3. Approach and stealth; start close! Fish the water in front of you before wading into it. Shallow water can hold very big fish but also the last thing you want to do is wade clumsily and send lots of smaller fish scurrying across the river to warn the bigger fish. Approach low and approach slowly. Try to avoid sending ripples across the pools – this is sometimes impossible to avoid and you may need to let the fish settle once they receive this alarm signalling your presence.
4. Read the current; easier said than done, but try and work out what will happen to your leader before you cast rather than after you cast. Work out where the fish should be if there’s nothing showing and work out feeding lanes. With some practice this becomes relatively obvious. Also, being able to dead drift nymphs is a fine art, but well worth mastering. After reading the current, definite feeding lines or seams can be identified; food items need to be presented and trundled through such water as a natural would present itself.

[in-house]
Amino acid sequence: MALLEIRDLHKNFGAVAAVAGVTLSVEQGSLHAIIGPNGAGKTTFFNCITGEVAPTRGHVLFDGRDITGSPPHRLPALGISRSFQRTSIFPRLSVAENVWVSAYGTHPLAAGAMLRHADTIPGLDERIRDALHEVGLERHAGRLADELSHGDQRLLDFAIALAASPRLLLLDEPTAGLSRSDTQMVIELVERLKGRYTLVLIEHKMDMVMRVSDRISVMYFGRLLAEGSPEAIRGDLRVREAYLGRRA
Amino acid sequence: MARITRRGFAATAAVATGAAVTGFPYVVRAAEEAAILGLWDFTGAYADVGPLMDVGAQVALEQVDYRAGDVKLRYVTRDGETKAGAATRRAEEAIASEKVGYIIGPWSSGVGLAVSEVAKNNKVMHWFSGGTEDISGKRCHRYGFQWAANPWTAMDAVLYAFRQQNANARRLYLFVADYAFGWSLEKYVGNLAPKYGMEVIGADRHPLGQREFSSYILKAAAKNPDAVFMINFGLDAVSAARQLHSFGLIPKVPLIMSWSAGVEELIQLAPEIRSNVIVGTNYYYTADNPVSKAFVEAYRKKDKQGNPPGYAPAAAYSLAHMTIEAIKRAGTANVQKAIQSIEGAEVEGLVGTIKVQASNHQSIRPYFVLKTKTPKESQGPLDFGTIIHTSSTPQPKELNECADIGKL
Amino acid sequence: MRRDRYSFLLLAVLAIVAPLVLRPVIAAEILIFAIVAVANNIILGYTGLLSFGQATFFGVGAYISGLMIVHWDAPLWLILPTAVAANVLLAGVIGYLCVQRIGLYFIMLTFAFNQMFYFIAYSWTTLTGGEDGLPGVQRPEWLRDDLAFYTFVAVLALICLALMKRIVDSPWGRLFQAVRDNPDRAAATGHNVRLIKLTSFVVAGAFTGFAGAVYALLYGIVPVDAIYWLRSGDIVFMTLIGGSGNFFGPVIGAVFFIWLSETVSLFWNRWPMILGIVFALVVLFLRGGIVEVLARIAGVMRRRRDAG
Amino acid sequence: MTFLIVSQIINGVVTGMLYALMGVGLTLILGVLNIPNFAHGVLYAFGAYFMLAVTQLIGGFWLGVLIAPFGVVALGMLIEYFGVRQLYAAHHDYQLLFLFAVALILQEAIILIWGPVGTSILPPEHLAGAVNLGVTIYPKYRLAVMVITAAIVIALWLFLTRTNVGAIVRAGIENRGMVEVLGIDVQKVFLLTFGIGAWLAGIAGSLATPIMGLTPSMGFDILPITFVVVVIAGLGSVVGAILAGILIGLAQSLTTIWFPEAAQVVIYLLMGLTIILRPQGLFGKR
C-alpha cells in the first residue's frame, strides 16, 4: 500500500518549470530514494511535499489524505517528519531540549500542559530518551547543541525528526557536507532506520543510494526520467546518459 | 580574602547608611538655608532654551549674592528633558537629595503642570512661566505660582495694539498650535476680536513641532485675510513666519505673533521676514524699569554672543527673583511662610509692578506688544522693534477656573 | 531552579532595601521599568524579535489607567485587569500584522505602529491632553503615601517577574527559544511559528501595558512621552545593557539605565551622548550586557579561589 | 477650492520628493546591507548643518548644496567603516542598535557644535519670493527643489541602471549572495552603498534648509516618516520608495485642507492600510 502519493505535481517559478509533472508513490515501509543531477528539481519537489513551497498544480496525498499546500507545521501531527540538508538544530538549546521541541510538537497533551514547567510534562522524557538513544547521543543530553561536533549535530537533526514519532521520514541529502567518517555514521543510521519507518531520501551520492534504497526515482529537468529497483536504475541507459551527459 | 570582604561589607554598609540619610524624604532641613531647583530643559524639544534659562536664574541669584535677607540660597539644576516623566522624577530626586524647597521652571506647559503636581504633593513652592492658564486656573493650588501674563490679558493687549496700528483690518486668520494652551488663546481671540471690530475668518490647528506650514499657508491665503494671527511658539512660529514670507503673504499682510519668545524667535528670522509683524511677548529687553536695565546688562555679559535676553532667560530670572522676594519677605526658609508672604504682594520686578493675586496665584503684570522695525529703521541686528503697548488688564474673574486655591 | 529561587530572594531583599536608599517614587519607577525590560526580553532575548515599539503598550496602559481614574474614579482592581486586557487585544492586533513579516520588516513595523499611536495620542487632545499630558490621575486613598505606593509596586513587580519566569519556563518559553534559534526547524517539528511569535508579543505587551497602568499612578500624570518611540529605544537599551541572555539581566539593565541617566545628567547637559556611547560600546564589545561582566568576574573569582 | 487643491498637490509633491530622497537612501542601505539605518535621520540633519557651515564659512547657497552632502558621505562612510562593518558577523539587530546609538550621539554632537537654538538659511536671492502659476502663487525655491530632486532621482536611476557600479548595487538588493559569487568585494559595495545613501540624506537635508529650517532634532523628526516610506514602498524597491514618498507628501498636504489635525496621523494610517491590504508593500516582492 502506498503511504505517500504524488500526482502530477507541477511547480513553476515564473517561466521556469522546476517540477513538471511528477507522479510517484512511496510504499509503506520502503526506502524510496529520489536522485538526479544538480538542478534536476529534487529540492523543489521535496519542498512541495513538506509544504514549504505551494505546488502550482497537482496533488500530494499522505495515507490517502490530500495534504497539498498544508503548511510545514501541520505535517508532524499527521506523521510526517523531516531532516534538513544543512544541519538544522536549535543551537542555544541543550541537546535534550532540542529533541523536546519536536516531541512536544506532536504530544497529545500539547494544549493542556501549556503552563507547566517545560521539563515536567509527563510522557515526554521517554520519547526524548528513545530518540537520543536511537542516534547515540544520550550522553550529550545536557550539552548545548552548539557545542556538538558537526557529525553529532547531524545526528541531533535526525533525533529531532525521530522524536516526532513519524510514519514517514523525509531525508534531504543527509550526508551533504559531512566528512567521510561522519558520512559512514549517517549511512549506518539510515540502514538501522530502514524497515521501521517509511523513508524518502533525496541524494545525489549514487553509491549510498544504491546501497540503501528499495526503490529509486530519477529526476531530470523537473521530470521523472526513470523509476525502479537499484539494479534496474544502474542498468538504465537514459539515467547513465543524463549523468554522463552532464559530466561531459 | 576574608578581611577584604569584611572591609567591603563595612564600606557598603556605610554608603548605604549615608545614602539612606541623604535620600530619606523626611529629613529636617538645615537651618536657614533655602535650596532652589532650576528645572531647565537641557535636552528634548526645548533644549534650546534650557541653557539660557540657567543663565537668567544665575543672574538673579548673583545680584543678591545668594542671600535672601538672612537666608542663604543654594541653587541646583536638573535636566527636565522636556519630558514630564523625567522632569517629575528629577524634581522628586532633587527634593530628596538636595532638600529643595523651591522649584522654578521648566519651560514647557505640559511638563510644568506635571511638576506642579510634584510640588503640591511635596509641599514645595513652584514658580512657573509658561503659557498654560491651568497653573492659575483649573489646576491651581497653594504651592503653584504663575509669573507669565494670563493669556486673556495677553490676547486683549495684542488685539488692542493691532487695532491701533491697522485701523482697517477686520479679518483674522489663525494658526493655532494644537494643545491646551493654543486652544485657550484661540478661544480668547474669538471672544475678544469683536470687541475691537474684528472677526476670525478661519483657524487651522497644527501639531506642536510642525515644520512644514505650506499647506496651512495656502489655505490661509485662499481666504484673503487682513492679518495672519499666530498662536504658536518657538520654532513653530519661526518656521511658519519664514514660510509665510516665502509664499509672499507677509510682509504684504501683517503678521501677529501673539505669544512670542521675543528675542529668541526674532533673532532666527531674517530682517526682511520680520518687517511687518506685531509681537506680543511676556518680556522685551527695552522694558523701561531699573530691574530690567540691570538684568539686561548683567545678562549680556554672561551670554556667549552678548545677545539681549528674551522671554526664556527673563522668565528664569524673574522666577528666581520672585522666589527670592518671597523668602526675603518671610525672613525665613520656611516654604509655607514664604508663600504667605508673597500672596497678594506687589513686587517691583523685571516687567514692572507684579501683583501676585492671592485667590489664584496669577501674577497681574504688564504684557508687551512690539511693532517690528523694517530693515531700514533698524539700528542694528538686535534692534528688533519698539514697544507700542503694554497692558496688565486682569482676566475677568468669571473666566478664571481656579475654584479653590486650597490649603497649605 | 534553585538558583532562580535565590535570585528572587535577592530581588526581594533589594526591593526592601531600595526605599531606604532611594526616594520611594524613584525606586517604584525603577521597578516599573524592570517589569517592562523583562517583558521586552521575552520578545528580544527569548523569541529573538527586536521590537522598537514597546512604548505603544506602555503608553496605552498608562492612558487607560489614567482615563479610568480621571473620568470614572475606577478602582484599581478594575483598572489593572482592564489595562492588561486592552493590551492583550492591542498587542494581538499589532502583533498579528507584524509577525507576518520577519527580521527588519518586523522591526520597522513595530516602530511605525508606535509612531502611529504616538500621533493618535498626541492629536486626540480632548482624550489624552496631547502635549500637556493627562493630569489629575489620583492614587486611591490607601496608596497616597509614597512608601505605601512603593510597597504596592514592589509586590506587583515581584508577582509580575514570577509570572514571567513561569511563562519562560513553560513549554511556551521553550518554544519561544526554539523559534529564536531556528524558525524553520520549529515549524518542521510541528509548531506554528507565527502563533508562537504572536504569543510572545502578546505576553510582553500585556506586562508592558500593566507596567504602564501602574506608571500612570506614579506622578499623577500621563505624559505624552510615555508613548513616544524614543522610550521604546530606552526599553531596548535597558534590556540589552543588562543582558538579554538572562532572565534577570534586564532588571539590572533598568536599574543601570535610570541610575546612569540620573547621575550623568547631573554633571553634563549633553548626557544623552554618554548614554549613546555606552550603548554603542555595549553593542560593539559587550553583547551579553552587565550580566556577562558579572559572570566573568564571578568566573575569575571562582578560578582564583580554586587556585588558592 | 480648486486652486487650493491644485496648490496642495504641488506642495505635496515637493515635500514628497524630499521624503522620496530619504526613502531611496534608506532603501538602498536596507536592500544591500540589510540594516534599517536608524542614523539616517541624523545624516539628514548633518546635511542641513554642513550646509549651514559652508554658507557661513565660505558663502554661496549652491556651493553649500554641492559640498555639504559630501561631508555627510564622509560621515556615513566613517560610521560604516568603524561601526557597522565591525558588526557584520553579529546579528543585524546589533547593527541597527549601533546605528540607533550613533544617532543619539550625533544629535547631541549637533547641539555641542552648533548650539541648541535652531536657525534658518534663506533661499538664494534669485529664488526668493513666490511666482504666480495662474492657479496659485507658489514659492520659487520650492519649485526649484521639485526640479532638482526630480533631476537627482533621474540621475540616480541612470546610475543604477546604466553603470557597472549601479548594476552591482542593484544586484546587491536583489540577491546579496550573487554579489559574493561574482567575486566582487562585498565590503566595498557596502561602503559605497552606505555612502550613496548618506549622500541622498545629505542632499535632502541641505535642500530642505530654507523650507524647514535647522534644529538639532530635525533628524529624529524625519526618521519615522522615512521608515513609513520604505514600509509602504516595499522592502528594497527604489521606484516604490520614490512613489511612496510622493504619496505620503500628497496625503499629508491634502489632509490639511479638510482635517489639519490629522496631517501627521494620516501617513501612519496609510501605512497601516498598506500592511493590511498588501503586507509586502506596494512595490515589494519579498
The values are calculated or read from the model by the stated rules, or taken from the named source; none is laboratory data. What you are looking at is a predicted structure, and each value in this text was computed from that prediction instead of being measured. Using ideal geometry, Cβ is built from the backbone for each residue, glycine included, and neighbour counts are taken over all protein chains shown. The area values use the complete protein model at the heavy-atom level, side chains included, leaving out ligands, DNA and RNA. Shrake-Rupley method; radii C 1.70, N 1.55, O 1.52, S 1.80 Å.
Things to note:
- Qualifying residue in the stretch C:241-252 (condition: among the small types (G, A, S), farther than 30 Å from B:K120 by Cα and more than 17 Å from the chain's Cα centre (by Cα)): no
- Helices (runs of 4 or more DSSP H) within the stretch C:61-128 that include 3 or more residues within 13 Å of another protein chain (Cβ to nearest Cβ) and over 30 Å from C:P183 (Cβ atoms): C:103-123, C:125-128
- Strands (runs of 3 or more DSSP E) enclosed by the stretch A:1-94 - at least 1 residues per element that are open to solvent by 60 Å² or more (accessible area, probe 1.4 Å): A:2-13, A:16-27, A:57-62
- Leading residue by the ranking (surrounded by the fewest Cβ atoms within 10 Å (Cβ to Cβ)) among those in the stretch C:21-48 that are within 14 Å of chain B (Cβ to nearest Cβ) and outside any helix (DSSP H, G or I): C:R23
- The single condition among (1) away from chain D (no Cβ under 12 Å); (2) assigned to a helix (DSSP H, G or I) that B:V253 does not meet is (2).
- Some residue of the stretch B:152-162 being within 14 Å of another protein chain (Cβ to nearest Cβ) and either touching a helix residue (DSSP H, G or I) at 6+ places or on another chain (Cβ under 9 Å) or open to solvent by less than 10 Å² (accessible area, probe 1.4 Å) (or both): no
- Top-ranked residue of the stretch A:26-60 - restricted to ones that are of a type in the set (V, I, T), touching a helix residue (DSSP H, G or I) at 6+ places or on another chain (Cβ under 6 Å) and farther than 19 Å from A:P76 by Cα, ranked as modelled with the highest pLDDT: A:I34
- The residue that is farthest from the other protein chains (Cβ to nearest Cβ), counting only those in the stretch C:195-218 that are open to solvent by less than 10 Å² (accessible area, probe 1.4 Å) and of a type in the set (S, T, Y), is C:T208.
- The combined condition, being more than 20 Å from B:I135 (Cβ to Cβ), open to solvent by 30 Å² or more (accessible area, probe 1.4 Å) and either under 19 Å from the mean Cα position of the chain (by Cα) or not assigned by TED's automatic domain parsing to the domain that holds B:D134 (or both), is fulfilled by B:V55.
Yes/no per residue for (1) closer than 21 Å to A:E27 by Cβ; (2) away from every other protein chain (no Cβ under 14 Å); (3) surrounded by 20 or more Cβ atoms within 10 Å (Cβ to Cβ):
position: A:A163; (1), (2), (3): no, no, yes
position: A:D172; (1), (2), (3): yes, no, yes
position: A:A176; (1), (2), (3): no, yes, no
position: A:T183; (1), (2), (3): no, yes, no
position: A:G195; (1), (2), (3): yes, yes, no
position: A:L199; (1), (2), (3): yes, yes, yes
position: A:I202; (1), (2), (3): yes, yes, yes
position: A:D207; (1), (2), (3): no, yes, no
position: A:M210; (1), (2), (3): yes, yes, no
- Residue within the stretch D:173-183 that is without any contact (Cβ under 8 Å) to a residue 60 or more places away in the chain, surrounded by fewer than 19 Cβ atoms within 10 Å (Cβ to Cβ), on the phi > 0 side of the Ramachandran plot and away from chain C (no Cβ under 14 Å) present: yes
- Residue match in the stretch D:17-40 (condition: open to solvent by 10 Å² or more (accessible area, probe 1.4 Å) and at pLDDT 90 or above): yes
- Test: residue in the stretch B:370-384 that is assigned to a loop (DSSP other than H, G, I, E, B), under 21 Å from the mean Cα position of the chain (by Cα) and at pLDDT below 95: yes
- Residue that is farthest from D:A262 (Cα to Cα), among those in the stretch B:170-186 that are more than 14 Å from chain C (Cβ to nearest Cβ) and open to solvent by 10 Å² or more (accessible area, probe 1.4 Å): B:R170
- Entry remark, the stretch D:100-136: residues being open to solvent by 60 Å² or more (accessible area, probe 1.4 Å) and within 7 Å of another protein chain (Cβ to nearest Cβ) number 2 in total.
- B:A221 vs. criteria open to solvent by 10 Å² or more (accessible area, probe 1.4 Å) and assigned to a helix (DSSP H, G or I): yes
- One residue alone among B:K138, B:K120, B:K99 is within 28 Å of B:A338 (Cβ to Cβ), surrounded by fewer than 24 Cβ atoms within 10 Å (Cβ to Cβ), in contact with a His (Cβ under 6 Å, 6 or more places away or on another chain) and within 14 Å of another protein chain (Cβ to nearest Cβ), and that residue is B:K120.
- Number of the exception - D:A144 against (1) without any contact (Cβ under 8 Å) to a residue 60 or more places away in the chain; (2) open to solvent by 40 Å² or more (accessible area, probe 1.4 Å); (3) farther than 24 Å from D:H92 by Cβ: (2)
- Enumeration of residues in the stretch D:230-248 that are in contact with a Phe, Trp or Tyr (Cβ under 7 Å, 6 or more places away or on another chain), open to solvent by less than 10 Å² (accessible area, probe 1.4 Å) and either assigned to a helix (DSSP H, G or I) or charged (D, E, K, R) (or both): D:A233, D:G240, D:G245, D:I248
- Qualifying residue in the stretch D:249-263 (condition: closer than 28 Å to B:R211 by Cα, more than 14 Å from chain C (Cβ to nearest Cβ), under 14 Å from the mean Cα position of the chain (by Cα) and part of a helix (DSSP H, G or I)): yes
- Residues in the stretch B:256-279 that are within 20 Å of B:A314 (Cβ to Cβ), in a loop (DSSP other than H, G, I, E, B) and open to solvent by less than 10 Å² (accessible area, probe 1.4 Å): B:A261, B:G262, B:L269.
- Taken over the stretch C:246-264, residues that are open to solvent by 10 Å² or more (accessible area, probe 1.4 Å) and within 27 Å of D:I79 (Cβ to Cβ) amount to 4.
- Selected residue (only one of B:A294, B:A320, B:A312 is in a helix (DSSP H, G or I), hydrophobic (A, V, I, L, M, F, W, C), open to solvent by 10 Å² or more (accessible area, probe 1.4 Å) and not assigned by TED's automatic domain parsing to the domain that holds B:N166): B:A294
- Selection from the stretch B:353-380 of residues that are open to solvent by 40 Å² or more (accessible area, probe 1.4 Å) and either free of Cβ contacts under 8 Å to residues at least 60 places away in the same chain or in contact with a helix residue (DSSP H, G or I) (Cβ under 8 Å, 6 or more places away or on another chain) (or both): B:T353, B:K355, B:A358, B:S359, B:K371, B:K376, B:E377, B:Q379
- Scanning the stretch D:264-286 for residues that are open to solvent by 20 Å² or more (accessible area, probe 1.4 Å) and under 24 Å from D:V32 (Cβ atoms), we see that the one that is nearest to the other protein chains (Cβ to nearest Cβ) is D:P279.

5. Casting ability; you do not need to be a world champion, but you do need to be able to control your line well under short distances and especially being able to cope and work with longer leaders. Learn useful little tricks like reach mending, which can be invaluable. Don’t be shy about practicing on dry land, even putting little markers out to improve accuracy. Consistently landing a golf ball on the green comes with practice not luck, the same applies with casting ability and presenting perfectly to a rising trout.
6. Learn some basic entomology; you don’t need to get too geeky, but a modicum of knowledge goes a long way. The trout can get really transfixed with one food source over another and being able to identify a. what food source this is and b. how to represent it with an artificial can often be the difference between success and failure. There are some great books around for this along with online resources: bukkayoga.co.uk and the Fishtec blog match the hatch charts. I will often collect some of the insects from a given day to better represent them next time; precise imitations are not needed, but a good indication of overall size and appearance is vital. By doing this for a couple of seasons you come to understand feeding patterns at different stages of the season and rarely get caught out as a result.